Rick Santorum Wants To Get His Hands on New York's Precious Delegates

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First, another look at the numbers, because some people running for office don't seem to get it: Mitt Romney has 658 delegates compared to Rick Santorum's 281. You need 1,144 delegates to win the Republican ticket. At this stage of the primaries, the likelihood of Santorum sinking enough delegates in upcoming contests to beat his rival is virtually zilch.

Yet, Rick persists -- and slides toward the electoral embarrassment zone!

And he plans on keeping up this (wasteful) work in New York. Santorum -- and Newt Gingrich (who?) -- will court well heeled Republicans at a fancypants dinner April 19, five days before the state's 95 delegates are up for grabs. No matter than Romney is beating him by a 2-1 margin in the state.

But Santorum might still accomplish something in New York, even if it doesn't matter much in the grand scheme of things, the New York Times suggests.

You see, the Empire State no longer awards delegates in a winner-takes-all fashion.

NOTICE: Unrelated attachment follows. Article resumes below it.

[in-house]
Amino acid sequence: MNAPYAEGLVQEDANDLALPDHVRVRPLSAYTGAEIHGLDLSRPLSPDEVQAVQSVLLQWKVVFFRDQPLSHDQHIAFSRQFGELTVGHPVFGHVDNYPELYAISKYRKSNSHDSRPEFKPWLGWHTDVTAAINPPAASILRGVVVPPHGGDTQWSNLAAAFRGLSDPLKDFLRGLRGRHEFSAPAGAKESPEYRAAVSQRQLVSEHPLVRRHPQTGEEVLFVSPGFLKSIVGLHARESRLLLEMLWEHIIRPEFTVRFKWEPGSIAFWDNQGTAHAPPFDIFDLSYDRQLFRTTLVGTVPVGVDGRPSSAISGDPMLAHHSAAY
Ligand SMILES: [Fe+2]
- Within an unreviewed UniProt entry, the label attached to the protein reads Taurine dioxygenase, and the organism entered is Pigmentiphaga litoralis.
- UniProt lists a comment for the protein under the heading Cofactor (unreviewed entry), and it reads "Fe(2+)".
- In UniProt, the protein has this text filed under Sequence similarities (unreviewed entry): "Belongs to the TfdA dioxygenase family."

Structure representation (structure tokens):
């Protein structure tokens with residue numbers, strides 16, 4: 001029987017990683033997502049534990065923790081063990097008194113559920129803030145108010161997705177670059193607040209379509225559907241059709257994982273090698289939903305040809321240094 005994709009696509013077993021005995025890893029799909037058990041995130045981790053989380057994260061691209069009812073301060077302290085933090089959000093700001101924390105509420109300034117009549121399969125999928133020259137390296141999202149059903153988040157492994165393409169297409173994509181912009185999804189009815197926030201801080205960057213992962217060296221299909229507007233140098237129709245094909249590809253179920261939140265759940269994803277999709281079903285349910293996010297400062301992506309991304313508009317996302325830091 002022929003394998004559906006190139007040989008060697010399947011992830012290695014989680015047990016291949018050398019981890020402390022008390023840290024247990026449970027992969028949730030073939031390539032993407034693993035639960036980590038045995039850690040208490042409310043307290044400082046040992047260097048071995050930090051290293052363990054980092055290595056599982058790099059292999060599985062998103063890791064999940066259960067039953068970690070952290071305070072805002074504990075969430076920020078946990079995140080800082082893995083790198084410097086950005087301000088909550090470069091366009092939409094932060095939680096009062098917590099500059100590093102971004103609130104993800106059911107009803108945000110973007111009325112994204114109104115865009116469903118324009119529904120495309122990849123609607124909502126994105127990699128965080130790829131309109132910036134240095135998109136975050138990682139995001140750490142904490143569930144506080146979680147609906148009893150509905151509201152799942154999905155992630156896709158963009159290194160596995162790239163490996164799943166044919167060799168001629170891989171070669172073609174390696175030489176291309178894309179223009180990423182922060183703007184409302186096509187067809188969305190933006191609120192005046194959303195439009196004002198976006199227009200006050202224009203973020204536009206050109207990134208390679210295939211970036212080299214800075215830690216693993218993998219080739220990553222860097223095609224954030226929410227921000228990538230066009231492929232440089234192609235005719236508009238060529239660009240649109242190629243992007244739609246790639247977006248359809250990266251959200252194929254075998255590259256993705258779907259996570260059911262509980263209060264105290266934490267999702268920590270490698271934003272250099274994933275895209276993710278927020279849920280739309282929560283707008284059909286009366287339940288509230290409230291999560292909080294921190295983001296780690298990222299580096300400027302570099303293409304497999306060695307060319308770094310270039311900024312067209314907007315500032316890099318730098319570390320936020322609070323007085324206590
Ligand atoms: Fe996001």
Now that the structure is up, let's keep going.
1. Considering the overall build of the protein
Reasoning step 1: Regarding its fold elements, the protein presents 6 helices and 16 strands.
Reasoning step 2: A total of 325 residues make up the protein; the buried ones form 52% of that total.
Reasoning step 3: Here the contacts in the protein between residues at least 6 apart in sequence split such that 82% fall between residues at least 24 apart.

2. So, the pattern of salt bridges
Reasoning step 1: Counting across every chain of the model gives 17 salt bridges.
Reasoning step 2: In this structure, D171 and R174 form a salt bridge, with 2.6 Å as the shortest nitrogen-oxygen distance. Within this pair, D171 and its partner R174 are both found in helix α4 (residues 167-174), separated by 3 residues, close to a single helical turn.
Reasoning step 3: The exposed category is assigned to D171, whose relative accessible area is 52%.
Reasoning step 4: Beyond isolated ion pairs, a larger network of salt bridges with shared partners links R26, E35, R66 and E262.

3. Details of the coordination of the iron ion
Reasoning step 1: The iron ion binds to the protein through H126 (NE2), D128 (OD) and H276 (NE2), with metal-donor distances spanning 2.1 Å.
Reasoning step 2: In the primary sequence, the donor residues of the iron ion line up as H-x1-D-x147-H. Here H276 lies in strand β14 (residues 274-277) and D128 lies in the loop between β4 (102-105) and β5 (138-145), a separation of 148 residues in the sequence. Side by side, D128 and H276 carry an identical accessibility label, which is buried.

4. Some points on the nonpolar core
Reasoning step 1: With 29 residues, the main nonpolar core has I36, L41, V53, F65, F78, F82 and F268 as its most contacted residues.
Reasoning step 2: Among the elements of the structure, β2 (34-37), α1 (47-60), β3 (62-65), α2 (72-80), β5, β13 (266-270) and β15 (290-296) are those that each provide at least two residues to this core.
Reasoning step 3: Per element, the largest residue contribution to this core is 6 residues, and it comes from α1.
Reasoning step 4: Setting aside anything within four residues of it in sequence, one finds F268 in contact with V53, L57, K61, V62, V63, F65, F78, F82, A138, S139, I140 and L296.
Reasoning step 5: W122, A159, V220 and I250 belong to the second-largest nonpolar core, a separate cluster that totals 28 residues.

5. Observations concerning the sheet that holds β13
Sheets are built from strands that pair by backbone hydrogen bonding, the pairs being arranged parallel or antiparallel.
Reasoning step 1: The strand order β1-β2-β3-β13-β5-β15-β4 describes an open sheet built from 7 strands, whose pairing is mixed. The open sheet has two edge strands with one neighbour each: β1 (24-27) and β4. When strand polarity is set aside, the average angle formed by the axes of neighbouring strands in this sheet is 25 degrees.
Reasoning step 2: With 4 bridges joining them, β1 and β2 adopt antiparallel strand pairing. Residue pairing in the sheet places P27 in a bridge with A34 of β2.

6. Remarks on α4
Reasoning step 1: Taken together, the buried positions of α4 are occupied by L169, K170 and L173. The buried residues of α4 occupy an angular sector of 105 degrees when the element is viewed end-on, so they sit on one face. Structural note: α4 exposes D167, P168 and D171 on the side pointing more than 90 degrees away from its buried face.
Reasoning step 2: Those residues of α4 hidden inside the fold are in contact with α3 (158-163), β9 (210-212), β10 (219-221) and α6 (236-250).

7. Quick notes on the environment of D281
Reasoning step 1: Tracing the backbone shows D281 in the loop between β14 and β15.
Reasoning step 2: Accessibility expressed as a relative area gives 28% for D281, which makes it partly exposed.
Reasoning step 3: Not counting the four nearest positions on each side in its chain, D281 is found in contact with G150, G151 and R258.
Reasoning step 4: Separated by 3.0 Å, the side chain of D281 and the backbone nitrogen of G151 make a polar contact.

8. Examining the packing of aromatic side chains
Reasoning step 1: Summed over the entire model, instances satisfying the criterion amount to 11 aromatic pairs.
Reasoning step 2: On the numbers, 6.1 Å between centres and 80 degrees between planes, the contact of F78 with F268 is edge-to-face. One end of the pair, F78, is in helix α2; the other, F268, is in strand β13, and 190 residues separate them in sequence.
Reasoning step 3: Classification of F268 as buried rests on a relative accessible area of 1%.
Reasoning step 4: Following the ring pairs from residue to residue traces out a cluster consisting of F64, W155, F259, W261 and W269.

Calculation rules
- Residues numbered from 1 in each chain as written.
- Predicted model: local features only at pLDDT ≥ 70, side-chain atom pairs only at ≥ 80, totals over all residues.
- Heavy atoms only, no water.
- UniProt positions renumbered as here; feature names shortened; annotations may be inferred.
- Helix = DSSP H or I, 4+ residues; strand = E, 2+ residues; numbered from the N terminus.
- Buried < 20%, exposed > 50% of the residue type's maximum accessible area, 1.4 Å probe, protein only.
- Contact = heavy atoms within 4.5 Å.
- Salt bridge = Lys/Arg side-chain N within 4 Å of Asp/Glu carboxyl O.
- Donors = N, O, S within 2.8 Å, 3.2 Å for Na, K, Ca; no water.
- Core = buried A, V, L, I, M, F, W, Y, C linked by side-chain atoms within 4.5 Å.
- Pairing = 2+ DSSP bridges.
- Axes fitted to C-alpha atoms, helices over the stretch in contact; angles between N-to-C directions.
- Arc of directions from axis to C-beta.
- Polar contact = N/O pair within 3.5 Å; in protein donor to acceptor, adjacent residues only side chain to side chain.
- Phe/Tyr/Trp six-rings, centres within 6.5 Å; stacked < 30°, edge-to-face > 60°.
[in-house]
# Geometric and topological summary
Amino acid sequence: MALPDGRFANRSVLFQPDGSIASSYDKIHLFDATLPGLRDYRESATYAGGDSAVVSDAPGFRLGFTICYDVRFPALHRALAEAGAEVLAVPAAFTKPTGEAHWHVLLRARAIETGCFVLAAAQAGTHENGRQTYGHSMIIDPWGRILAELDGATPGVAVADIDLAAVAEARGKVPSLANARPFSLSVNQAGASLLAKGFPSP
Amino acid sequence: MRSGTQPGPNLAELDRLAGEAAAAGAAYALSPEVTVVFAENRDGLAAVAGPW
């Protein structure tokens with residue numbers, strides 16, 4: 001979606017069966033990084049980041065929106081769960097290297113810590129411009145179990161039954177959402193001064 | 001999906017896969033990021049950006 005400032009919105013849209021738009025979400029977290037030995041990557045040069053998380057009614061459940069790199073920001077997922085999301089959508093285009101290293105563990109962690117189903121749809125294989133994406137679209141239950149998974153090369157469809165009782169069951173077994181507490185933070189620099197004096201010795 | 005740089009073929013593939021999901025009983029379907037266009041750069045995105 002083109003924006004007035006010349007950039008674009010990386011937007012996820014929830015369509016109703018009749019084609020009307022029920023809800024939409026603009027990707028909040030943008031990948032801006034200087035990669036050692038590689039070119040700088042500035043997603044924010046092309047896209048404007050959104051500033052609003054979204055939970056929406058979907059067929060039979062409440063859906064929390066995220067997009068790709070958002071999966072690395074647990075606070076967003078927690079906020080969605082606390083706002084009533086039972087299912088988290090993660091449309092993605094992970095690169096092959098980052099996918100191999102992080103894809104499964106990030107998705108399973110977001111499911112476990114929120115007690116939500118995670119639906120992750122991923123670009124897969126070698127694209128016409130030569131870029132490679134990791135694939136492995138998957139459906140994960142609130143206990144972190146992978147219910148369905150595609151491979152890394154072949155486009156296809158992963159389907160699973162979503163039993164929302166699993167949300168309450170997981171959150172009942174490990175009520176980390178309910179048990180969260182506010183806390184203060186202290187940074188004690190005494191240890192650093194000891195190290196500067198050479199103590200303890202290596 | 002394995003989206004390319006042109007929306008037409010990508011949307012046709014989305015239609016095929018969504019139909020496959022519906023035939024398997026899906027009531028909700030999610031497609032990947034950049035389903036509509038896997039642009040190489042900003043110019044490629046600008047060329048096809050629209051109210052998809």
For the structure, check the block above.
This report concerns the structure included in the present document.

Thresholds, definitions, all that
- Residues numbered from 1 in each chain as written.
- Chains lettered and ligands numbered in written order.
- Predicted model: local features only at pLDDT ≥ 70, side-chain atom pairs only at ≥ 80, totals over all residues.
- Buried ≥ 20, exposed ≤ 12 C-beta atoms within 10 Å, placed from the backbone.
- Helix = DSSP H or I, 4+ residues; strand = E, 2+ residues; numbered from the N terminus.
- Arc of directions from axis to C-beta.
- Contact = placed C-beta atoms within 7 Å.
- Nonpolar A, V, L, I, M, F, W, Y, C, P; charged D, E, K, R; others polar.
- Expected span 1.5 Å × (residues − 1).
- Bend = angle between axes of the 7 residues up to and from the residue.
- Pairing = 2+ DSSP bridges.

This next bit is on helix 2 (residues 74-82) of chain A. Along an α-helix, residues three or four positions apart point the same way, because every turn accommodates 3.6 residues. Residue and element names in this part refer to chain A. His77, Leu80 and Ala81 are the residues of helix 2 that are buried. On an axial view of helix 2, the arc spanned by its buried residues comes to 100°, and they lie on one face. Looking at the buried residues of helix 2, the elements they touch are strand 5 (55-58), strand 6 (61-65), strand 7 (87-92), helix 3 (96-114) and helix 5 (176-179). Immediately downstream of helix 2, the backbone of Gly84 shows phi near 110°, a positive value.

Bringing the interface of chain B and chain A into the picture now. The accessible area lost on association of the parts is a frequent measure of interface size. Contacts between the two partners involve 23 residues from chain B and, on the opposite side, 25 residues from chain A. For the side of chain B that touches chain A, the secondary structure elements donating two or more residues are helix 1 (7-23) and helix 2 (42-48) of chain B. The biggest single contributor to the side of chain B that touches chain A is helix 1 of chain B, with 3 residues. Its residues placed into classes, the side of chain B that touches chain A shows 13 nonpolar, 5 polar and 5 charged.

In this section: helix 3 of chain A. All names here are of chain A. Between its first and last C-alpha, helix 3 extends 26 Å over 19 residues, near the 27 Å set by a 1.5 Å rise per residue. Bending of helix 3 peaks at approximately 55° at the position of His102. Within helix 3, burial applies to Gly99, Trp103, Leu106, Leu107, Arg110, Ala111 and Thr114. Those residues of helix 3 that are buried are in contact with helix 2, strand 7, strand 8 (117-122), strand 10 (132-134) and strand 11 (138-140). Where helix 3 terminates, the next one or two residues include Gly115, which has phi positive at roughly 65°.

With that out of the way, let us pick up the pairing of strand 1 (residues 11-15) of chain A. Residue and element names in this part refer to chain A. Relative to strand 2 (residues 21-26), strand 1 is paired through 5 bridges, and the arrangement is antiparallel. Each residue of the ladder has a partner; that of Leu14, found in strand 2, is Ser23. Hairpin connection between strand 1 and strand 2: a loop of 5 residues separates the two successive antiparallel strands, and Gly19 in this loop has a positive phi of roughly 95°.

As the Times puts it:

"Two delegates will be awarded to the winner in each of the state's 29 Congressional districts. Another 34 delegates will go en masse to any candidate who wins more than 50 percent of the vote statewide; if no candidate wins an absolute majority, those delegates are distributed proportionally among the candidates who win at least 20 percent of the vote. The final three delegates are to be top state party officials."

Another way: it makes sense for long-shot candidates such as Santorum -- and even Gingrich and Ron Paul -- to campaign here because they could still pick up some delegates.

The odds still seem stacked in Romney's favor, with some pollsters estimating that he'll clean up with 70 percent of the vote.

Also unclear is whether Santorum can keep his super-evangelical base, with one prominent leader of the faith-based voting bloc telling the paper:

"By the time April 24 rolls around, are they going to say, 'It's time to line up behind who looks like the presumptive nominee,' or, 'I still want to vote my values, my heart'?...I think that's the real question: Are people going to be voting the head or the heart? The heart was pretty clear: it was with Santorum."

A lot of Republicans want Santorum to drop out of the race now, so that they can focus time and cash on beating Barack Obama in the general election. Santorum says he would step down "without a doubt" -- if Romney got 1,144 delegates. Until then, he insists, he still has a fighting chance.

Follow Victoria Bekiempis @vicbekiempis.

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